Kings Beach, California
|• State Senate||Brian Dahle (R)|
|• State Assembly||Megan Dahle (R)|
|• U.S. Congress||Mike Thompson (D)|
|• Total||3.439 sq mi (8.908 km2)|
|• Land||3.439 sq mi (8.908 km2)|
|• Water||0 sq mi (0 km2) 0%|
|Elevation||6,250 ft (1,905 m)|
|• Density||1,000/sq mi (400/km2)|
|Time zone||UTC-8 (PST)|
|• Summer (DST)||UTC-7 (PDT)|
|GNIS feature ID||1662302|
The town's post office was erected in 1937. The area is named after its first postmaster, Joe King.
Kings Beach is located at (39.241170, -120.023295).
California State Route 28 begins where Nevada State Route 28 ends in Crystal Bay; Route 28 passes through Kings Beach along the Lake Tahoe shore. California State Route 267 meets Route 28 in Kings Beach and connects the town to Northstar, Truckee, and Interstate 80.
|U.S. Decennial Census|
Because of its location on Lake Tahoe, Kings Beach is one of the top vacation spots in Northern California, and many of its dwellings are vacation homes. Fire officials attribute the community's "very high fire hazard severity zone" designation in part to visitors' desire to light campfires. An illegal campfire caused the nearby Angora Fire in 2007.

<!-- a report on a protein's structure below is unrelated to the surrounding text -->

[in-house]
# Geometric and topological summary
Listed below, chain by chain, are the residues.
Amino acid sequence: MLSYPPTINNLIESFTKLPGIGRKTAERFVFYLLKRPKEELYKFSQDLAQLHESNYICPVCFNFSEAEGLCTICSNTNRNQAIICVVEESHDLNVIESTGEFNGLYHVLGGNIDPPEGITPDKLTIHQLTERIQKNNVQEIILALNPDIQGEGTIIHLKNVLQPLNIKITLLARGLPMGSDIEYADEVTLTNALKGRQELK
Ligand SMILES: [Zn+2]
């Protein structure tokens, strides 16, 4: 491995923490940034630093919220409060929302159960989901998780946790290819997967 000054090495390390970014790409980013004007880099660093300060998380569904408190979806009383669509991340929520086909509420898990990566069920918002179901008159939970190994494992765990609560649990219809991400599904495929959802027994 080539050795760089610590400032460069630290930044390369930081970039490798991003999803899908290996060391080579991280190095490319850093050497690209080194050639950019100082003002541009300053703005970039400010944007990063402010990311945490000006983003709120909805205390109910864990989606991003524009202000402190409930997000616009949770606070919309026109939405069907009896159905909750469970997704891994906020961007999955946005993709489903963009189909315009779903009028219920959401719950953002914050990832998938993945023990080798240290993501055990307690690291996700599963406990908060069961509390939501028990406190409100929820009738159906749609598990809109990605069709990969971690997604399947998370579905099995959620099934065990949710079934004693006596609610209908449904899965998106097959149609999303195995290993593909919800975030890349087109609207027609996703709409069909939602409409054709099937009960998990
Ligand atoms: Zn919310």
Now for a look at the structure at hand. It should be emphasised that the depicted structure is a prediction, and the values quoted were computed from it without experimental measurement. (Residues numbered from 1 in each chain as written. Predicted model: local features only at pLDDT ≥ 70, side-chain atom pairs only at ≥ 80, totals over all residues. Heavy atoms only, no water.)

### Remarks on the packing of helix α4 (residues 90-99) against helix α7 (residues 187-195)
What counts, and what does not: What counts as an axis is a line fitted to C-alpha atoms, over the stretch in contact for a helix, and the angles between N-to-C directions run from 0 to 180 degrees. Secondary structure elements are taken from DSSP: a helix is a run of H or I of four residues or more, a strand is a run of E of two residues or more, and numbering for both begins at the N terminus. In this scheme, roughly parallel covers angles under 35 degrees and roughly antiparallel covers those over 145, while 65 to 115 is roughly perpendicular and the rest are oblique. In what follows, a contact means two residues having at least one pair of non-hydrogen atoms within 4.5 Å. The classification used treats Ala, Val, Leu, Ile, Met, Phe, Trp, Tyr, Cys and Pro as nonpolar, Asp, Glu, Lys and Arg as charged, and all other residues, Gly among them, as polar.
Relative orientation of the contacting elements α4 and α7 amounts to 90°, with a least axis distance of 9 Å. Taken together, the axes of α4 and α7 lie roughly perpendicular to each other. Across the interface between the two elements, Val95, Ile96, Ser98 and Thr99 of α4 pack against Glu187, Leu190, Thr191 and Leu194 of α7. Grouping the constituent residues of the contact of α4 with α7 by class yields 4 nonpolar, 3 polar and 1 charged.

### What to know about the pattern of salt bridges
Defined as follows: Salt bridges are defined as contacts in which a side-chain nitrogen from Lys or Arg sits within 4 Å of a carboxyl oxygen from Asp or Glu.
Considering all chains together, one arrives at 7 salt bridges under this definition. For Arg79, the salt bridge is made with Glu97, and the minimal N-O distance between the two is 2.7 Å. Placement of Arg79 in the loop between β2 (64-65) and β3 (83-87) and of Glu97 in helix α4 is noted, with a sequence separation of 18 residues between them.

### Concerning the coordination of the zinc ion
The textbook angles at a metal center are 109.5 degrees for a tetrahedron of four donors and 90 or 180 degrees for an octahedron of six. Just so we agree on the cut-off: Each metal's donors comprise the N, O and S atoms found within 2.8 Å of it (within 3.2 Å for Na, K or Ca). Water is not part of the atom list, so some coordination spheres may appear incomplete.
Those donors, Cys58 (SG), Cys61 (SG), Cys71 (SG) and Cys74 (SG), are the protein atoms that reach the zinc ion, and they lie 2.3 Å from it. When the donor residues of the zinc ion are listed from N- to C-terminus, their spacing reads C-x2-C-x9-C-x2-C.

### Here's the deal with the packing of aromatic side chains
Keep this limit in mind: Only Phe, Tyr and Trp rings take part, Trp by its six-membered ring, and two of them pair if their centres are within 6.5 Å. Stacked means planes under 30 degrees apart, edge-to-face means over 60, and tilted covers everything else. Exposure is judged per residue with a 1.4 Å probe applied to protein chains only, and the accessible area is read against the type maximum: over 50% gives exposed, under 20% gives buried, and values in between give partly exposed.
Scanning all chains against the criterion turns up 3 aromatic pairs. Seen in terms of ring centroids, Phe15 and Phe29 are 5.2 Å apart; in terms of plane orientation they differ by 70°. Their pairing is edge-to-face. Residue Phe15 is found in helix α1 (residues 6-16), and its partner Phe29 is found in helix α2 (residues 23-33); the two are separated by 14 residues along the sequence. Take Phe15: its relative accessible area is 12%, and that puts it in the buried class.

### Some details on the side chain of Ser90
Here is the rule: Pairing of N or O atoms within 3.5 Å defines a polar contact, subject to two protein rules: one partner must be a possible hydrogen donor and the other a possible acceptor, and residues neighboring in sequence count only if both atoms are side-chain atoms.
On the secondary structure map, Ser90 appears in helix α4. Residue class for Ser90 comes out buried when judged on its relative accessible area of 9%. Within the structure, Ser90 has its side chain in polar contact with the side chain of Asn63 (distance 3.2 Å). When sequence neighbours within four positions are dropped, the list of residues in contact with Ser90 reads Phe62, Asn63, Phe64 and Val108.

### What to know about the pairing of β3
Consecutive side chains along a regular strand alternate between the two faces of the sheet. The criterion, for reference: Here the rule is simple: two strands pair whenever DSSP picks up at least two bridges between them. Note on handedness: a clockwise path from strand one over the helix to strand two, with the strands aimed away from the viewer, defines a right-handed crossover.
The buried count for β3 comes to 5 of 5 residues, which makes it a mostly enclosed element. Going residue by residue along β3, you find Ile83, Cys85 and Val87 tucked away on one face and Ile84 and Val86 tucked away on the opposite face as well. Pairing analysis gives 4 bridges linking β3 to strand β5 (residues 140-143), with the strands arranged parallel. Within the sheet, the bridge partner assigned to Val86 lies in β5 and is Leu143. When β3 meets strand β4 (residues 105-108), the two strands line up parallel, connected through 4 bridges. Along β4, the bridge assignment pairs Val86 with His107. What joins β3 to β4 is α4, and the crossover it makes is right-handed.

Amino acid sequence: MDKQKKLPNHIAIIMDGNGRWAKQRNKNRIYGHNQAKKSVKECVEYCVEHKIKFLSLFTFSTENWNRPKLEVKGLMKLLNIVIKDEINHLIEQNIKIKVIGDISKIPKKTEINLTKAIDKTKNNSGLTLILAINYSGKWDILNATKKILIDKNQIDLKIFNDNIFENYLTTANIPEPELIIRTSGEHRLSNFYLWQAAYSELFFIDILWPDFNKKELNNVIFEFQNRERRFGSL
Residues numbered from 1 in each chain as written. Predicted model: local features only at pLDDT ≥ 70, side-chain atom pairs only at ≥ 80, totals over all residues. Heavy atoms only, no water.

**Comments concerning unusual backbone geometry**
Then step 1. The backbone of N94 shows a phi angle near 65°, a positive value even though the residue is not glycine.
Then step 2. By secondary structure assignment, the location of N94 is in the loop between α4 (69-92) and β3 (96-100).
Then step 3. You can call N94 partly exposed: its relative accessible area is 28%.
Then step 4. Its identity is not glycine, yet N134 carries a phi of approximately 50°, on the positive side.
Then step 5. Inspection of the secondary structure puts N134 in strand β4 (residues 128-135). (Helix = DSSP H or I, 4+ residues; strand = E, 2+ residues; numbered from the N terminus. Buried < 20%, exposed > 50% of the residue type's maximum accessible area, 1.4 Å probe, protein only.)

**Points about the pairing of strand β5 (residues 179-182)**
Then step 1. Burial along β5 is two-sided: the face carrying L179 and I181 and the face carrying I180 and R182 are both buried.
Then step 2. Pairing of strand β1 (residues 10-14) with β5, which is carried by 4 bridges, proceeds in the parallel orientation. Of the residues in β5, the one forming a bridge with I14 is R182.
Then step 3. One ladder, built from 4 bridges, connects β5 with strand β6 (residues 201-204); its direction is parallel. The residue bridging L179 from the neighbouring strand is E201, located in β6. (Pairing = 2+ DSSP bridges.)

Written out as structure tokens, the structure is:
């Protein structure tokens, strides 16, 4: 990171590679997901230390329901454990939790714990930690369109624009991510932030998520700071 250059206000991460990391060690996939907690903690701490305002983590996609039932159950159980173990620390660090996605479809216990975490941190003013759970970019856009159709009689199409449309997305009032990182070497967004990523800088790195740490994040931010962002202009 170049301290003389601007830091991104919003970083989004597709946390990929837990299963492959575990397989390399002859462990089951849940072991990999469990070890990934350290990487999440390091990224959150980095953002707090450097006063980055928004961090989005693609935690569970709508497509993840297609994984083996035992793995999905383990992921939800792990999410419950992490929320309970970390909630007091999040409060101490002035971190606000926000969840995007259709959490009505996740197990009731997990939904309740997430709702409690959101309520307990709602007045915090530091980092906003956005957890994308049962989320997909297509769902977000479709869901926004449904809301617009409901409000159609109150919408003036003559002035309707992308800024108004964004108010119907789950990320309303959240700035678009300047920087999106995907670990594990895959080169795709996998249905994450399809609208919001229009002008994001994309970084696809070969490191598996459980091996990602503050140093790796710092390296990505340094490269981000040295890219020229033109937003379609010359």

At the 2020 census, Kings Beach had a population of 3,563. The population density was 1,047.9 inhabitants per square mile (404.6/km2). The racial makeup of Kings Beach was 1,899 White, 1,699 Hispanic or Latino, 5 African American, 27 Native American, 68 Asian, 10 Pacific Islander, 804 from other races, and 750 from two or more races.
There were 2,393 housing units with 1,209 total households. 236 included a married-couple family, 57 included a male resident with no spouse present, and 25 included a female resident with no spouse present.